Customised flight routes can help to limit the rise in global temperatures caused by human activities. If this goal is to be achieved, air traffic management must be automated to a far greater extent than it is today. The 'Individual and automated air traffic' (Der individuelle und automatisierte Luftverkehr; DIAL) project recently launched by the German Aerospace Center (Deutsches Zentrum für Luft- und Raumfahrt; DLR) will combine research work over the next four years with the aim of advancing flight guidance automation. This will enable flight planners to offer customised, climate-optimised routes for every aircraft in the sky, avoiding areas in the atmosphere where long-lasting condensation trails might form, for example. Non-carbon-dioxide-effects such as contrail cirrus contribute approximately two thirds of the climate impact of air transport.
"Through projects like DIAL, we are making a sustainable contribution towards reaching our climate goals for air transport," says Anke Kaysser-Pyzalla, Chair of the DLR Executive Board. "Ultimately, our findings from the DIAL project should be interlinked in such a way that we can use the airspace capacity gained through automation to provide each aircraft with an optimised, low-climate-impact flight route, all just as safely and reliably as before."
Customised and automated air transport
Today's airspace structures and Air Traffic Management (ATM) systems are primarily optimised for safety and capacity. With the right automation, this can be expanded to include climate-friendly targets such as minimising carbon dioxide emissions and reducing condensation trail formation. As part of the DIAL project, DLR researchers are developing processes that optimise various climate-related parameters, while facilitating greater capacity for ATM systems. The existing safety level is always the benchmark. At the same time, the plan is to make ATM systems more productive by increasing the level of automation. This will make traffic routing in the sky even more flexible and robust when demand rises again. With these goals in mind, seven DLR institutes have joined together under the leadership of the DLR Institute of Flight Guidance.
Automation for fewer constraints on routing
Individually climate-optimised flight trajectories require free capacity in airspace. Such free capacity would seem to be a possibility if today's highly complex air transport sector was to become more automated. "Innovative ATM concepts such as single controller operations are bound to play an important role here. This concept reduces the workload, allowing a single controller to oversee a sector," says Project Manager Maik Friedrich of the DLR Institute of Flight Guidance. DIAL will also focus on the concept of sector-free flight guidance, whereby airspace is not divided into sectors. Such approaches to reconfiguring air traffic management have been the subject of DLR research for many years and are now being further developed with a view to greater automation.
Meteorological expert systems for flight planning
In the DIAL project, researchers will also be developing new meteorological processes in expert systems that will be incorporated into flight planning in both the short and long term, thus helping to ensure safety and climate protection. "These processes address weather risks such as thunderstorms or icing, as well as extreme events such as volcanic ash, desert dust and space weather," says Thomas Gerz of the DLR Institute of Atmospheric Physics. "In particular, they take into account climate and environmental protection." Forecasting the weather one to five days ahead will improve advance flight planning. Short-term forecasting will also be incorporated into the final flight preparations. The flights themselves will be aided by weather observations and short-term forecasts. Weather information will be integrated into the route planning, allowing planners to identify problems and make the necessary route adjustments. This mill make it possible for individual routes to be customised and adjusted according to the weather.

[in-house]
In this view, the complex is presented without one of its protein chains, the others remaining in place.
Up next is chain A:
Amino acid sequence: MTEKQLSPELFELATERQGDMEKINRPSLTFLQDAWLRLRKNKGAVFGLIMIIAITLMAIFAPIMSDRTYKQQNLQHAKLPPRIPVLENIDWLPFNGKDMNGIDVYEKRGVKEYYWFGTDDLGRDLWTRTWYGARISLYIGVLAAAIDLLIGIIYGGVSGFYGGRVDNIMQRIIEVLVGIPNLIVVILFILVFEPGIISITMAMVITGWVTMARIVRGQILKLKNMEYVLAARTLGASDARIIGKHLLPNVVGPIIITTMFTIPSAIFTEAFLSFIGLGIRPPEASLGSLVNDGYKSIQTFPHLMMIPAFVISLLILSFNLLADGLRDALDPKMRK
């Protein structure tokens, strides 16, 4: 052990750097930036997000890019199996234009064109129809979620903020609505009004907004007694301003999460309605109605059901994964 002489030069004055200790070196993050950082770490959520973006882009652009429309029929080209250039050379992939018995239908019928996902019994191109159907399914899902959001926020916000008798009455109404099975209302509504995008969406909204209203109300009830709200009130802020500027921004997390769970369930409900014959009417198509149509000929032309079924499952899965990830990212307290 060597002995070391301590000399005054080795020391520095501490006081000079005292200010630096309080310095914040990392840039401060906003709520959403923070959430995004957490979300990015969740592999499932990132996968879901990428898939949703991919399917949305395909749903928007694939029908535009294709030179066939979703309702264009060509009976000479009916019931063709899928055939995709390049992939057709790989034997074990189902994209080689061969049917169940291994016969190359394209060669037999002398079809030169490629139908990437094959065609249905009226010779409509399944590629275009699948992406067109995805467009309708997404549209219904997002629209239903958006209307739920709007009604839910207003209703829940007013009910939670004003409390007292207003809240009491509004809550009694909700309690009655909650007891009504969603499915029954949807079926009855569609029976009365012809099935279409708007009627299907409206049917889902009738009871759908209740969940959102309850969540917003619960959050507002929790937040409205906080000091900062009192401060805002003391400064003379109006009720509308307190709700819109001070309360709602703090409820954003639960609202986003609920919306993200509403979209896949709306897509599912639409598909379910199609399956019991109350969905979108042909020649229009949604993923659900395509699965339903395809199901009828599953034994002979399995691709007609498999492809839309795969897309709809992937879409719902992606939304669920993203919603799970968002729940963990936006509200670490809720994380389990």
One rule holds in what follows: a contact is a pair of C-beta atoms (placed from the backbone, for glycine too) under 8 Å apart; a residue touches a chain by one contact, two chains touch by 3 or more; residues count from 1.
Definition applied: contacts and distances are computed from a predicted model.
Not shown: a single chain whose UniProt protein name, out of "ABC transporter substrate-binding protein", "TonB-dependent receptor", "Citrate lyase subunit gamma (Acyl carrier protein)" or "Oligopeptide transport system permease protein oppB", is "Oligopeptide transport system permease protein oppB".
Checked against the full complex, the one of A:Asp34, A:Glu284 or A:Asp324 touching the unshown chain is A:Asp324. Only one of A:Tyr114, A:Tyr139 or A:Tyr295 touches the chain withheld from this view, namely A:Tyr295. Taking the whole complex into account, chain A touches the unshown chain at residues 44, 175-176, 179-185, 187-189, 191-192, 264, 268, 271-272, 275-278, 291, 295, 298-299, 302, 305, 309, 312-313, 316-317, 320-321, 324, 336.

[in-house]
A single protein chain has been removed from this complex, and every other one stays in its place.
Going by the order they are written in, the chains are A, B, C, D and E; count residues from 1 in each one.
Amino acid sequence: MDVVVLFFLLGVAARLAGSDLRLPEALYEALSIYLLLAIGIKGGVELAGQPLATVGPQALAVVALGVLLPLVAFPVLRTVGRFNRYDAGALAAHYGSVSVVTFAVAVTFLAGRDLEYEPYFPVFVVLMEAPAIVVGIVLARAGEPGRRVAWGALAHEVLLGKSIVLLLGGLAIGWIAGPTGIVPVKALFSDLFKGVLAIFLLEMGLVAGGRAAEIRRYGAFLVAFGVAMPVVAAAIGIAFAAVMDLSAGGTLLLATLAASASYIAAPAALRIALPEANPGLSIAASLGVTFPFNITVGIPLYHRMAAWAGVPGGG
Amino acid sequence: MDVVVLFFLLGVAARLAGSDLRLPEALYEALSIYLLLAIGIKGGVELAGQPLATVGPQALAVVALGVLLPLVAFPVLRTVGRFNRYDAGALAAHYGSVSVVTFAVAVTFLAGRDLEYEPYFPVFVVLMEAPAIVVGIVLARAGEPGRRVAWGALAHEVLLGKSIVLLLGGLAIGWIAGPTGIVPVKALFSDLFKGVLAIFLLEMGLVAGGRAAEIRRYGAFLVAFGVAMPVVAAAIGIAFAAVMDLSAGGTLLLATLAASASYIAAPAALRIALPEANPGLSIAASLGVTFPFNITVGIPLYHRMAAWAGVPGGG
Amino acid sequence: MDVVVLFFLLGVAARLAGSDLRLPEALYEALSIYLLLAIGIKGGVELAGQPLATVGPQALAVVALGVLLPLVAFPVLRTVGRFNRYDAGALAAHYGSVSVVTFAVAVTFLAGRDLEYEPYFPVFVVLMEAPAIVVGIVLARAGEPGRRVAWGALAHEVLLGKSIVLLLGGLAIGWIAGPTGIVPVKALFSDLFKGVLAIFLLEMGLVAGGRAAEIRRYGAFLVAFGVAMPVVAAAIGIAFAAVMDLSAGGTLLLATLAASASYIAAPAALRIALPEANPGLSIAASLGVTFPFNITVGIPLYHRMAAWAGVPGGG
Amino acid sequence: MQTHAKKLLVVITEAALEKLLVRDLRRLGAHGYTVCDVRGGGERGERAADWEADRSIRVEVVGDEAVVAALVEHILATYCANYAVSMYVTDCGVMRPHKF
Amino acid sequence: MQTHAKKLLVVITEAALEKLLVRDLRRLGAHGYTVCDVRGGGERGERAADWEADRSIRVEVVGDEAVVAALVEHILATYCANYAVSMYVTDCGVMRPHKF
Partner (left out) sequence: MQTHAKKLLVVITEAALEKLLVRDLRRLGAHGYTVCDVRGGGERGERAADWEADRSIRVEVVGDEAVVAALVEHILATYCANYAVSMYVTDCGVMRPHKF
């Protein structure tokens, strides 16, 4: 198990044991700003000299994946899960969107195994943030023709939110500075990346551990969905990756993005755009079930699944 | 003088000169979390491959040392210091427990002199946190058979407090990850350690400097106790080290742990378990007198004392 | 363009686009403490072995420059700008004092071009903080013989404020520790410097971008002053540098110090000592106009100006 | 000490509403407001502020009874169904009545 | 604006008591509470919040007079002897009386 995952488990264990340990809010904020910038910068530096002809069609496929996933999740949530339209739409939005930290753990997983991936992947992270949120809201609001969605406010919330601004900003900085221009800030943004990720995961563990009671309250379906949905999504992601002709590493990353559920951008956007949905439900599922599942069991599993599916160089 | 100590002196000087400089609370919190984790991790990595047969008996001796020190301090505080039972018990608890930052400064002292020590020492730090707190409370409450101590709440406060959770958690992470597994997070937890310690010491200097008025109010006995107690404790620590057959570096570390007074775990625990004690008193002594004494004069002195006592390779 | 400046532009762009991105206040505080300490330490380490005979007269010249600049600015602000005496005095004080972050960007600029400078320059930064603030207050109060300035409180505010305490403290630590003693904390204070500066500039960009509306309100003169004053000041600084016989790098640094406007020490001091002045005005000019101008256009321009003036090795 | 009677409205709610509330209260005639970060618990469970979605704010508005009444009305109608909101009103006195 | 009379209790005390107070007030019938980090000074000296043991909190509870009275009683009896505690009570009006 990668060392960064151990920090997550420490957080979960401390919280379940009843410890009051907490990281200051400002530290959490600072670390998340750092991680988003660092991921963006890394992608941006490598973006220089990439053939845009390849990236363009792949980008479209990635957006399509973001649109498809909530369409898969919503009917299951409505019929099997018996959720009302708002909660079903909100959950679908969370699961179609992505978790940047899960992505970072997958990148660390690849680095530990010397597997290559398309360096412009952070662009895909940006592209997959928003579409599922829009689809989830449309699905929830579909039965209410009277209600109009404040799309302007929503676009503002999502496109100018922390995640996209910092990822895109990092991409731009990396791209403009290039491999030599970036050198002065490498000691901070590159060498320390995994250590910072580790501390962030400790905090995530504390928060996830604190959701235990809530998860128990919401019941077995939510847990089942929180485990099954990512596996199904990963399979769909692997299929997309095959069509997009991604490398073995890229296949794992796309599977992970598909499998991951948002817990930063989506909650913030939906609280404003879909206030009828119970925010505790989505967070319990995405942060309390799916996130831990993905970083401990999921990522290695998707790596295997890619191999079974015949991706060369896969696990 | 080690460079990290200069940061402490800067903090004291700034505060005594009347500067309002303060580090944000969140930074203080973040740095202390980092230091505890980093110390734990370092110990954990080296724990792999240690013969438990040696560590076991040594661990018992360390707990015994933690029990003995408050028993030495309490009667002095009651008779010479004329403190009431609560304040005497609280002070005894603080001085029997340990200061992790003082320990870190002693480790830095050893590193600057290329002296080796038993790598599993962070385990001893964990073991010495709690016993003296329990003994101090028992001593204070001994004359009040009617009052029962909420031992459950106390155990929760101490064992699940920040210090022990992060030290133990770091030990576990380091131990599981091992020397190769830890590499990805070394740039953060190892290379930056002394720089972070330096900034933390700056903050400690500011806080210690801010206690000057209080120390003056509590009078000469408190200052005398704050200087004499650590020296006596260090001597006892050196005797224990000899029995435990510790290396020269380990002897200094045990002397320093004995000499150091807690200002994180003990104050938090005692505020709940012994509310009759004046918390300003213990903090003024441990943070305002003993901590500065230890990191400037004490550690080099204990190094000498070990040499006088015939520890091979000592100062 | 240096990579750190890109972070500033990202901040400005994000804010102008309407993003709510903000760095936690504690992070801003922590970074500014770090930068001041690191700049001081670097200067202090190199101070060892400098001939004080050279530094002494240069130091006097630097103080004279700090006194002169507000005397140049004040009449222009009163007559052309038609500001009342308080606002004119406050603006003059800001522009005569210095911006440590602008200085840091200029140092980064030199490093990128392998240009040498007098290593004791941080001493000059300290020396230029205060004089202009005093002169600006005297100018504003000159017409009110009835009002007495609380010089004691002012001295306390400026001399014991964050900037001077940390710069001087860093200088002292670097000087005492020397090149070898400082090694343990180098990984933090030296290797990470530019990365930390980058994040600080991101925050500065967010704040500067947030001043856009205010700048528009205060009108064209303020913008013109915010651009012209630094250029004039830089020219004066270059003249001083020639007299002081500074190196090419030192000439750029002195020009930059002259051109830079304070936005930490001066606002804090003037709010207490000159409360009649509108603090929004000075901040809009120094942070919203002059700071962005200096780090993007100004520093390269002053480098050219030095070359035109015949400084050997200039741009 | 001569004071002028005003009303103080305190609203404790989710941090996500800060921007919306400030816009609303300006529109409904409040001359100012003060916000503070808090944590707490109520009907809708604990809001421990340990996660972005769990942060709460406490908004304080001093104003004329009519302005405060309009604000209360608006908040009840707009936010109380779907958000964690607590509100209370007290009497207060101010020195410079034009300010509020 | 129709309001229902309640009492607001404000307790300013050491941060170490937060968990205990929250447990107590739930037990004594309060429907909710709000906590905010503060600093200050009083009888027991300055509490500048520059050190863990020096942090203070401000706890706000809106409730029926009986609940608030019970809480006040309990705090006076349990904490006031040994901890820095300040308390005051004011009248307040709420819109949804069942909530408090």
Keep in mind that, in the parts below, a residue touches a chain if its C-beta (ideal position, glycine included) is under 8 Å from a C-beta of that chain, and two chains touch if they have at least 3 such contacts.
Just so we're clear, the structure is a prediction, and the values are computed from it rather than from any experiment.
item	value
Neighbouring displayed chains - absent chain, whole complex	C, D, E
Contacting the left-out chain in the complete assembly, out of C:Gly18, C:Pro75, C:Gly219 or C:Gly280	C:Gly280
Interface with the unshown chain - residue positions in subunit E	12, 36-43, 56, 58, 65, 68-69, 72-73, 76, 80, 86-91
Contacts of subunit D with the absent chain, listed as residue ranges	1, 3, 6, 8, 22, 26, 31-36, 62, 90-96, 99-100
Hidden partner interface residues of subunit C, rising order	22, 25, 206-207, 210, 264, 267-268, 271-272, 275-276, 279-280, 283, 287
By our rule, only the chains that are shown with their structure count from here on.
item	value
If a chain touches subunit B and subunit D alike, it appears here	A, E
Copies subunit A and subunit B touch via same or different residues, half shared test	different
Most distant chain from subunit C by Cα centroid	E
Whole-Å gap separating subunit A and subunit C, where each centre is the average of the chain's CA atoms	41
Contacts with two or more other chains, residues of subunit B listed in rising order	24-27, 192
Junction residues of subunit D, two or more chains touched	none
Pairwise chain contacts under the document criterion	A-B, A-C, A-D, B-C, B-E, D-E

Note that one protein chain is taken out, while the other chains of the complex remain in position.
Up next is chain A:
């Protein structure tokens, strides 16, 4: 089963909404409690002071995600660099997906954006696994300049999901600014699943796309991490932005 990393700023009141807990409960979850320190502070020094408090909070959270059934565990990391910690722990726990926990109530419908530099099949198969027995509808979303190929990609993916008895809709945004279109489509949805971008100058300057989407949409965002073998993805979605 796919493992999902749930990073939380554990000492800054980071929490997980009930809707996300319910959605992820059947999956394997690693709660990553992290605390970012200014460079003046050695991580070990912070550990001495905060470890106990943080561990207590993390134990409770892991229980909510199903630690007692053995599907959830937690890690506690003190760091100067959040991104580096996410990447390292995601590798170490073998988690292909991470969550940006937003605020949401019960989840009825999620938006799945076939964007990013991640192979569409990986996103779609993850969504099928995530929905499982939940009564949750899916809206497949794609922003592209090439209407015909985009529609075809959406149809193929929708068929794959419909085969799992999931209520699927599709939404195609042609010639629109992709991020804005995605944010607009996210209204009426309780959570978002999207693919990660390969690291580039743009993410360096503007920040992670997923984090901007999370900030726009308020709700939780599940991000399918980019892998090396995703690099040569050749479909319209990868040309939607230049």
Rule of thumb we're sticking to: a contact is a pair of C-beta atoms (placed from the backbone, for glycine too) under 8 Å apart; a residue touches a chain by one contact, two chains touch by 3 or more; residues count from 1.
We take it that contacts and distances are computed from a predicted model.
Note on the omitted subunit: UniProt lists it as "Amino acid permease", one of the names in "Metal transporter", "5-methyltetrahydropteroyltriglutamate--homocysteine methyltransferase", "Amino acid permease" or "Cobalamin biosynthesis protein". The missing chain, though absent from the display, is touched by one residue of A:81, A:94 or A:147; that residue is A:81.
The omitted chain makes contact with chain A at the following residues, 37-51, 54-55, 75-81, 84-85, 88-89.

Evaluation cycles for the simulation of future developments
"It is important to be able to predict exactly what effect altered flight routes will have on capacity, safety and climate impact," says Dirk Kügler, Director of the DLR Institute of Flight Guidance. This will be achieved within DIAL through a detailed simulation of future air transport developments. Evaluation cycles make it possible to simulate current air transport targets and their effects in terms of as many influencing parameters as possible, whereupon they can be evaluated. These influencing parameters might include the rollout of new types of aircraft or the use of new meteorological data. Researchers are planning to execute an evaluation cycle as part of the project and test it using various air traffic scenarios. The aim is to achieve more realistic predictions by performing a large number of repeated simulations.
Interdisciplinary combination of DLR expertise
A total of nine different simulations are planned over the course of the DIAL project. The single controller operation and sector-free flight guidance concepts will be validated in real-time simulations involving human participants. At the same time, automatic simulations of the evaluation cycles will be carried out in parallel by all of the institutes involved.
As part of the project, the DLR institutes of Flight Guidance, Communications and Navigation, Aerospace Medicine, Atmospheric Physics, Combustion Technology, Air Transport and Airport Research, and Air Transportation Systems are conducting research into customisable, automated air traffic. The project is being funded by the German Federal Ministry for Economic Affairs and Energy (Bundesministerium für Wirtschaft und Energie; BMWi). Results are expected when the project comes to an end in 2024.